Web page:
(originally published in Otober 2004 on www.mindanews.com)
by Jean Claire Dy
Peñaplata, IGACOS— For a first time visitor here it will be surprising to see that there’s hardly a trace of what people typically expect of an urban city: no shopping malls, no movie theaters, no fastfood restaurants. Peñaplata, the heart of the city, boasts of a small “downtown area” located near the wharf. There one can find a Freedom park, a church, a few stalls selling “ukay-ukay,” one or two carinderias, some sari-sari stores and a fishmarket characterized by an antiquated two-storey wooden structure with apparent Spanish influenced architecture.
Yet after one walk around the center of Peñaplata, it does not take long for one to be taken by the island city’s quaint charm. Lying in the heart of the Davao Gulf, this city is an agricultural and coastal paradise and a home to several indigenous tribes. And it only takes one visit to see that it is a community slowly understanding the past and grappling with the demands of the present.
The Island Garden City of Samal (IGACOS) can be considered a “young” city. Perhaps this is why five years after it became a city, people in the island are still struggling with the concept of “cityhood.”
Ask a tricycle driver what an ordinary day in the Island is, he’d grin and with a shrug say “like this” referring to him sitting on a wooden bench eating merienda in a stall along the road. “There are no other recreation in our place aside from karaoke at night, spending leisure afternoons at the freedom park, and gambling,” he adds. And with a slight smirk comments, “ Mao ni city? This is not yet a city.”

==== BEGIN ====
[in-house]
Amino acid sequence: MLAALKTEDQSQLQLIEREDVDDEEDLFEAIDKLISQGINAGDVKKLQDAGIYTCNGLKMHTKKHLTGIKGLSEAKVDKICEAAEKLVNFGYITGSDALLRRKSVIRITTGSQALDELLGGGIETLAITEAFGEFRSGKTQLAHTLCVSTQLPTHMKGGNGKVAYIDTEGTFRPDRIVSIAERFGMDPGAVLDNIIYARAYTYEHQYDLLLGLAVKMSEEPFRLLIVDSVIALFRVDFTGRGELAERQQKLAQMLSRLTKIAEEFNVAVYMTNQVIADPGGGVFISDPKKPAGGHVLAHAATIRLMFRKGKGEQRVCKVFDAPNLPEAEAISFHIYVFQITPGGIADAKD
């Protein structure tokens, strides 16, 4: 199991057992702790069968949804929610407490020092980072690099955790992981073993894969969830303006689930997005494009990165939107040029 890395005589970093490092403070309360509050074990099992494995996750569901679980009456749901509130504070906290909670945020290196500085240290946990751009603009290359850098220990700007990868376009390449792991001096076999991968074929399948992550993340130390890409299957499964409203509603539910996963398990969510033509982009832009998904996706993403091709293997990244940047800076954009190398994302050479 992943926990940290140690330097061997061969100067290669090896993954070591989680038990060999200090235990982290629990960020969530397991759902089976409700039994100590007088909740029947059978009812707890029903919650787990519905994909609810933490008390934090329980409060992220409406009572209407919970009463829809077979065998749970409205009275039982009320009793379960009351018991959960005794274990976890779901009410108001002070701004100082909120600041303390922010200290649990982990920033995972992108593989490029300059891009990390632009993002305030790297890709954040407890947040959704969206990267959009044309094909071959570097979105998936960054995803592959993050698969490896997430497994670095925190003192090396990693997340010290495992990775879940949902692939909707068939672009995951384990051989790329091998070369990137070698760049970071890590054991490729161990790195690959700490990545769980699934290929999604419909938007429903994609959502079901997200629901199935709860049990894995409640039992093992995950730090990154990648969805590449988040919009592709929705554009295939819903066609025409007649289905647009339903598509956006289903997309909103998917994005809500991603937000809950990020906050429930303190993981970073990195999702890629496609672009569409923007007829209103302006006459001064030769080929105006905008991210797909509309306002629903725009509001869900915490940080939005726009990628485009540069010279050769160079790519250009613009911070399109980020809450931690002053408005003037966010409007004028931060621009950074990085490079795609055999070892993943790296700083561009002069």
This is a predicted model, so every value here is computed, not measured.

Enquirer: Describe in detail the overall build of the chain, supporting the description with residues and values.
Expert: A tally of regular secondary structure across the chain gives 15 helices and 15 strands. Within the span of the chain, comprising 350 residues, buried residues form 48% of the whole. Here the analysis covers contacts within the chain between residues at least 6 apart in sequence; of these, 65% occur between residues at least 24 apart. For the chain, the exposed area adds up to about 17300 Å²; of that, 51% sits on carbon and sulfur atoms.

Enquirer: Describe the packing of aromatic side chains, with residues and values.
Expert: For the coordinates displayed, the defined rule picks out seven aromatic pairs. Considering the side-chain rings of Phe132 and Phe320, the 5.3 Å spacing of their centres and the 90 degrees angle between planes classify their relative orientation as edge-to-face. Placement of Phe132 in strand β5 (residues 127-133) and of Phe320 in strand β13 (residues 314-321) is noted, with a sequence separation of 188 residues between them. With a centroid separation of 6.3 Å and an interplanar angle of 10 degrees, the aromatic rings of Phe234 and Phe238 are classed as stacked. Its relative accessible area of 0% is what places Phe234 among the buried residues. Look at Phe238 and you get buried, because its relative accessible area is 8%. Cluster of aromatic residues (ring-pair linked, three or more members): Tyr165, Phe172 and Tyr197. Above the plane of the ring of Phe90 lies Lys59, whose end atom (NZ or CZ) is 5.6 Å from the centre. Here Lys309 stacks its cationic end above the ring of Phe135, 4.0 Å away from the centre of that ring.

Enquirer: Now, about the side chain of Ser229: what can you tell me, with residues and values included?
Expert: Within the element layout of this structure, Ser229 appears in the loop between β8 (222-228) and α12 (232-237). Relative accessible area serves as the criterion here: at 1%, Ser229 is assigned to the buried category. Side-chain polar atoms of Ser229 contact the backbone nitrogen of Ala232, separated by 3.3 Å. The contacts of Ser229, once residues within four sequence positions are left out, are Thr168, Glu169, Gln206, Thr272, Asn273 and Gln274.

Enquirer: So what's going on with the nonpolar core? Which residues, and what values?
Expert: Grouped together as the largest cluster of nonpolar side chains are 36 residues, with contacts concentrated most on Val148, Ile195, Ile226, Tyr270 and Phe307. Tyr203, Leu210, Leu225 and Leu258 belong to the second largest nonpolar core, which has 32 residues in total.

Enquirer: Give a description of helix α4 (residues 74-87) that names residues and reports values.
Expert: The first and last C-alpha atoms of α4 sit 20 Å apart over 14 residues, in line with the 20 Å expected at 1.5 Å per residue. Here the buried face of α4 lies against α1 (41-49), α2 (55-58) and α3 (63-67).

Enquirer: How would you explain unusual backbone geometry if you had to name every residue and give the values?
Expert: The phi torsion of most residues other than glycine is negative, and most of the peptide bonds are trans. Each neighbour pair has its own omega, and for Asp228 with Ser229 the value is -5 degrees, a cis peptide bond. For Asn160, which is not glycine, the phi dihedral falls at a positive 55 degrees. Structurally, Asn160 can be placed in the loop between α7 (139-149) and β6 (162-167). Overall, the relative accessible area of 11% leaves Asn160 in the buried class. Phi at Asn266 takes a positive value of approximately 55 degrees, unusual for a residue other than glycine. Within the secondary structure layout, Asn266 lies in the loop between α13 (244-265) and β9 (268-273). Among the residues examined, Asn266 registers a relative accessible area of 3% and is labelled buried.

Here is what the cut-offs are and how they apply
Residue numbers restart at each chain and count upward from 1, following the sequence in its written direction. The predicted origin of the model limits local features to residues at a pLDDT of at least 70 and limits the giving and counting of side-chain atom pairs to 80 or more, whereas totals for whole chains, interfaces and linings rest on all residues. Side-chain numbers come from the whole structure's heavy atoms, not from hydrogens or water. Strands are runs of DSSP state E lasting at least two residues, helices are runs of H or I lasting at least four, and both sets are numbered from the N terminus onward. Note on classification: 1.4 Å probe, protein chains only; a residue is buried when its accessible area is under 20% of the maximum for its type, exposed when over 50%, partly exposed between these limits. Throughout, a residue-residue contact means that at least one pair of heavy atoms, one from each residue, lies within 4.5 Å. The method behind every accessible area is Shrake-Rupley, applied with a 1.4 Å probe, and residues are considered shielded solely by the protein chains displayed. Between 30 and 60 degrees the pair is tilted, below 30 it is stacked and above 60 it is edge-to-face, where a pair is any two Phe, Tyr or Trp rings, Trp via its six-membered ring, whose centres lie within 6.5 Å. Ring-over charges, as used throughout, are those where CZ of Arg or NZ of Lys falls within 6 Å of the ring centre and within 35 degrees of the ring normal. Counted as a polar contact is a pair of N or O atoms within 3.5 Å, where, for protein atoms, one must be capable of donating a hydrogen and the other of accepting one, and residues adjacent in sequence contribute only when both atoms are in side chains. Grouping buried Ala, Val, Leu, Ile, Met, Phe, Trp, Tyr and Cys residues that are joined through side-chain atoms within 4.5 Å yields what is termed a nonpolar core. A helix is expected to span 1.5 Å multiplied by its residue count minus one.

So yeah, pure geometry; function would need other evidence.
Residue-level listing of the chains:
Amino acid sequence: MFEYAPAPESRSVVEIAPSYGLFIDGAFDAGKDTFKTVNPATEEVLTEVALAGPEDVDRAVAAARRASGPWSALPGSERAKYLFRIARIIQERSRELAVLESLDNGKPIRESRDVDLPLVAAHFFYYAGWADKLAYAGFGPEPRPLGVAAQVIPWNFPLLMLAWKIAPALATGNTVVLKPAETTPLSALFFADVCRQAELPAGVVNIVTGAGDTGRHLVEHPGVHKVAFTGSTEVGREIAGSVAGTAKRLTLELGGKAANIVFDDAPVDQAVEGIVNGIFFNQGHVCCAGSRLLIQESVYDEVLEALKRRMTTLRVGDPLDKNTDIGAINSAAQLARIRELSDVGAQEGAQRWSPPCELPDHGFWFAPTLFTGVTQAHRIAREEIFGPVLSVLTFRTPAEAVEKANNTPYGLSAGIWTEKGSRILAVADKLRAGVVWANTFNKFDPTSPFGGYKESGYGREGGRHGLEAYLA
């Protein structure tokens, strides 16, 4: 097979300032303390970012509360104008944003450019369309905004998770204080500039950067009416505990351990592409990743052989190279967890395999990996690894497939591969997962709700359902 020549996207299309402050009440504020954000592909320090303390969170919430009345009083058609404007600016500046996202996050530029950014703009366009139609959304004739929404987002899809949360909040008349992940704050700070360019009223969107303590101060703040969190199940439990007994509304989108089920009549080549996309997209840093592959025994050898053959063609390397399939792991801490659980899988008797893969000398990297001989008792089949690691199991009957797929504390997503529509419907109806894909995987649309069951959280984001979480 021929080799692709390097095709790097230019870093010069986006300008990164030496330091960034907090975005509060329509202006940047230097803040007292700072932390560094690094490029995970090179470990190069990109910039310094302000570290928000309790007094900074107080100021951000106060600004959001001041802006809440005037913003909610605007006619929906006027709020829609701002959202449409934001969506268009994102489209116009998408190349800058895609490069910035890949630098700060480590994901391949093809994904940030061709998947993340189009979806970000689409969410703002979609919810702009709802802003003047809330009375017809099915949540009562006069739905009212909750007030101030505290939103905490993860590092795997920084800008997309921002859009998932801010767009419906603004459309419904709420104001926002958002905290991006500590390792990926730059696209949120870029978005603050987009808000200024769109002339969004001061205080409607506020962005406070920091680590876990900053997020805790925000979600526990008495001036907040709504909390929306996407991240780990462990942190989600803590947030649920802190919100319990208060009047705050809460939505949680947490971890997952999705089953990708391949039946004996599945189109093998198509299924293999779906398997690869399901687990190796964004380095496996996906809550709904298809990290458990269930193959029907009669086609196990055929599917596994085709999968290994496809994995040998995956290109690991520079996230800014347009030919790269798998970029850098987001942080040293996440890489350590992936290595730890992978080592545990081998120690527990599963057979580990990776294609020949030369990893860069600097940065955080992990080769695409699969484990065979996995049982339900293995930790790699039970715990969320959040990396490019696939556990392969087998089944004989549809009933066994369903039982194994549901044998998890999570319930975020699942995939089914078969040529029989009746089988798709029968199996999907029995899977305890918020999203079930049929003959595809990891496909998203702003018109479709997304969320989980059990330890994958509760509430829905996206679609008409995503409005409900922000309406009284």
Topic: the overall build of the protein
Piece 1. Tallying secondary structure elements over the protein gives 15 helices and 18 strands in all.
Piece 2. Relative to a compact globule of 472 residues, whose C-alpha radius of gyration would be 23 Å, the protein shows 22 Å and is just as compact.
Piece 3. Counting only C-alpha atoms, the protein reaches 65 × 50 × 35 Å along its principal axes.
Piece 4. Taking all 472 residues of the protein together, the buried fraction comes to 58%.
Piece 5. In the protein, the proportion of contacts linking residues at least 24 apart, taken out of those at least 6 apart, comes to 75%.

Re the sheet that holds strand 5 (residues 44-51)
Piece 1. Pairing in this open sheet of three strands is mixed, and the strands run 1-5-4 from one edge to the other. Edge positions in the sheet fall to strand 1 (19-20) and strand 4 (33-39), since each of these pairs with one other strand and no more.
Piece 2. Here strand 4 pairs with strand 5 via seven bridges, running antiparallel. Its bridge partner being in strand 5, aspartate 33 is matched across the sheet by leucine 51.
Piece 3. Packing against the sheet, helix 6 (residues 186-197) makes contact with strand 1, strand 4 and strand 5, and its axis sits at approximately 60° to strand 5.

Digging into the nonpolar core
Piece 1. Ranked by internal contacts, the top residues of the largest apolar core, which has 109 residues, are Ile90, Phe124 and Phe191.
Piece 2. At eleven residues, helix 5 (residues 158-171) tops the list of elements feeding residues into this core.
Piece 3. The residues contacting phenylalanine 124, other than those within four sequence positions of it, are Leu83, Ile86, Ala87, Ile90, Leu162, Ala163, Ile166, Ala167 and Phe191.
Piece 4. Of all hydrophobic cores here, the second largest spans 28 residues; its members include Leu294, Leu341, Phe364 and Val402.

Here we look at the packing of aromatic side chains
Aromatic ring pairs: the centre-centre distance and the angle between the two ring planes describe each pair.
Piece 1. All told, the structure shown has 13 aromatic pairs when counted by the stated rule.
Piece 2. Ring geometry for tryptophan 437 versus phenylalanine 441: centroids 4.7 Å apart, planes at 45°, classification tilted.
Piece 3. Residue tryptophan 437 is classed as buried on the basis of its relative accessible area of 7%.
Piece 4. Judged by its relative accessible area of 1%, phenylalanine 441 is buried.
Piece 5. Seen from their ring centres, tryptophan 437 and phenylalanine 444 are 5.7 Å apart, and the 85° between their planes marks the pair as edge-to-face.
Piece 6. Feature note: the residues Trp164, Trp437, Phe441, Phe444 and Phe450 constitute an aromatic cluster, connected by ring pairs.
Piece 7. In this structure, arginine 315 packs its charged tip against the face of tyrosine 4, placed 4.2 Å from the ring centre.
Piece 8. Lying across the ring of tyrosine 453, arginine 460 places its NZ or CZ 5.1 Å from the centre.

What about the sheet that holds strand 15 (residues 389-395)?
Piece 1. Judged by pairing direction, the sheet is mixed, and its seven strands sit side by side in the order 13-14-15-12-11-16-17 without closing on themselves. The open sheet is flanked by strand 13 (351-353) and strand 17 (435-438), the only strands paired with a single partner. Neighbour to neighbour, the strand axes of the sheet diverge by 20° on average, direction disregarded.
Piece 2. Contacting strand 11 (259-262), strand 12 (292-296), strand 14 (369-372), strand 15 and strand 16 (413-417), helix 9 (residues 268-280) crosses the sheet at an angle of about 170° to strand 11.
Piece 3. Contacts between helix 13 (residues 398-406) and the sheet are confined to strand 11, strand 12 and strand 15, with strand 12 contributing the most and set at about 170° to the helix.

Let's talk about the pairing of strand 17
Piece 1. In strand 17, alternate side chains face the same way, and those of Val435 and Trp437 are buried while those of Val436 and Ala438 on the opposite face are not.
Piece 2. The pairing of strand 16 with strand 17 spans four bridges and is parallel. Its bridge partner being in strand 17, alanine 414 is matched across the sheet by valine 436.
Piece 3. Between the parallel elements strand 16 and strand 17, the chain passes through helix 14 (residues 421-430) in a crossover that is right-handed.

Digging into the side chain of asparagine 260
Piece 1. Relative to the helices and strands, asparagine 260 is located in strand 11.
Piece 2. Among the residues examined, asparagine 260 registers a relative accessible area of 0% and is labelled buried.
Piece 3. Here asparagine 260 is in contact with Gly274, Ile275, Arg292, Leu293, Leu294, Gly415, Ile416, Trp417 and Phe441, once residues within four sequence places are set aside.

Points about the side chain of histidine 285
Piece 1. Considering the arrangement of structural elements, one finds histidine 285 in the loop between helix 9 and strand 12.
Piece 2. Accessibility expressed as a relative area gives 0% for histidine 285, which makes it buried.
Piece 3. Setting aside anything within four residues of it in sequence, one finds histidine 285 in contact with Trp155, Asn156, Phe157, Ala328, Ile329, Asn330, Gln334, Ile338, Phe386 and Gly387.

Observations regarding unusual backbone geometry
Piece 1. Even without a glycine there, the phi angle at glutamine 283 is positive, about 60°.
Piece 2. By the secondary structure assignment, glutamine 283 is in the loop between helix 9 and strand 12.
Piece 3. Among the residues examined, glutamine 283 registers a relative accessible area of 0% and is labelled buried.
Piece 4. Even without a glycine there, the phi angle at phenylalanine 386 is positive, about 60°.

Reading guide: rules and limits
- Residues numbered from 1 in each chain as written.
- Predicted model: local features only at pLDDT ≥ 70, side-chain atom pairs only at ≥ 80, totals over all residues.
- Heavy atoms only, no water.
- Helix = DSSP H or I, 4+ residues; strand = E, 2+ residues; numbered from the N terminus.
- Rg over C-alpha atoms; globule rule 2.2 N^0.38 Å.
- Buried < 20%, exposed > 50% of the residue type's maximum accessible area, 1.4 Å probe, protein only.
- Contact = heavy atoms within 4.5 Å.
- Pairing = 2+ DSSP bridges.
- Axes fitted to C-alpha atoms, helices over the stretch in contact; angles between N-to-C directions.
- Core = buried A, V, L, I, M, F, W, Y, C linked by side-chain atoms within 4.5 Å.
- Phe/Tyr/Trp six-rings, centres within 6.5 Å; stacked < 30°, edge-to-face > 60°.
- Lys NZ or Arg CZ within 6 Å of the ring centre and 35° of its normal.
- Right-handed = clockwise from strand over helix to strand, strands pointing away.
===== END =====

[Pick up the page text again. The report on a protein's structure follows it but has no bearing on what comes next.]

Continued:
Those who were born and raised in this island recall that when the island became a city, people had mixed reactions. Some expected drastic changes like “more jobs, more buildings built around the place” while others were disappointed and wary that the city would go down the drain.
These perceptions are precisely what City Administrator Cleto Gales said the local government hopes to change. “Behavioral changes don’t happen overnight, but they are possible,” he noted, adding that IGACOS is different from other cities in the country because it is “a garden, an island, and a city.” He further revealed that the LGU has many plans for the city and one of this is to make it an “urban center in a rural setting.”
Considered as the first case of municipal amalgamation in the Philippines, IGACOS was officially proclaimed a city in 1998. From then on, it adopted the term “IGACOS,” which comes from the Visayan word “to embrace” to reflect the vision that IGACOS Mayor Rogelio Antalan wants to instill in his constituents.
Gales added that the mayor sees the community as “angels with one wing” and continuously encourages his constituents to work closely with government because “with one wing, we cannot fly but if we embrace together, we can fly high.”
Whether the city has flown high or not, it is still early to tell. But clearly, a lot of changes have happened through the years.
“After the three municipalities were megred into one city,” Gales recalled, “we inherited a city with so many problems from basic infrastructures to lack of LGU resources and outdated development plans.”
To reinvigorate the newly formed city, the new administration under the leadership of Mayor Rogelio Antalan at the time decided to create a new comprehensive development plan directed towards the city’s sustainable urbanization.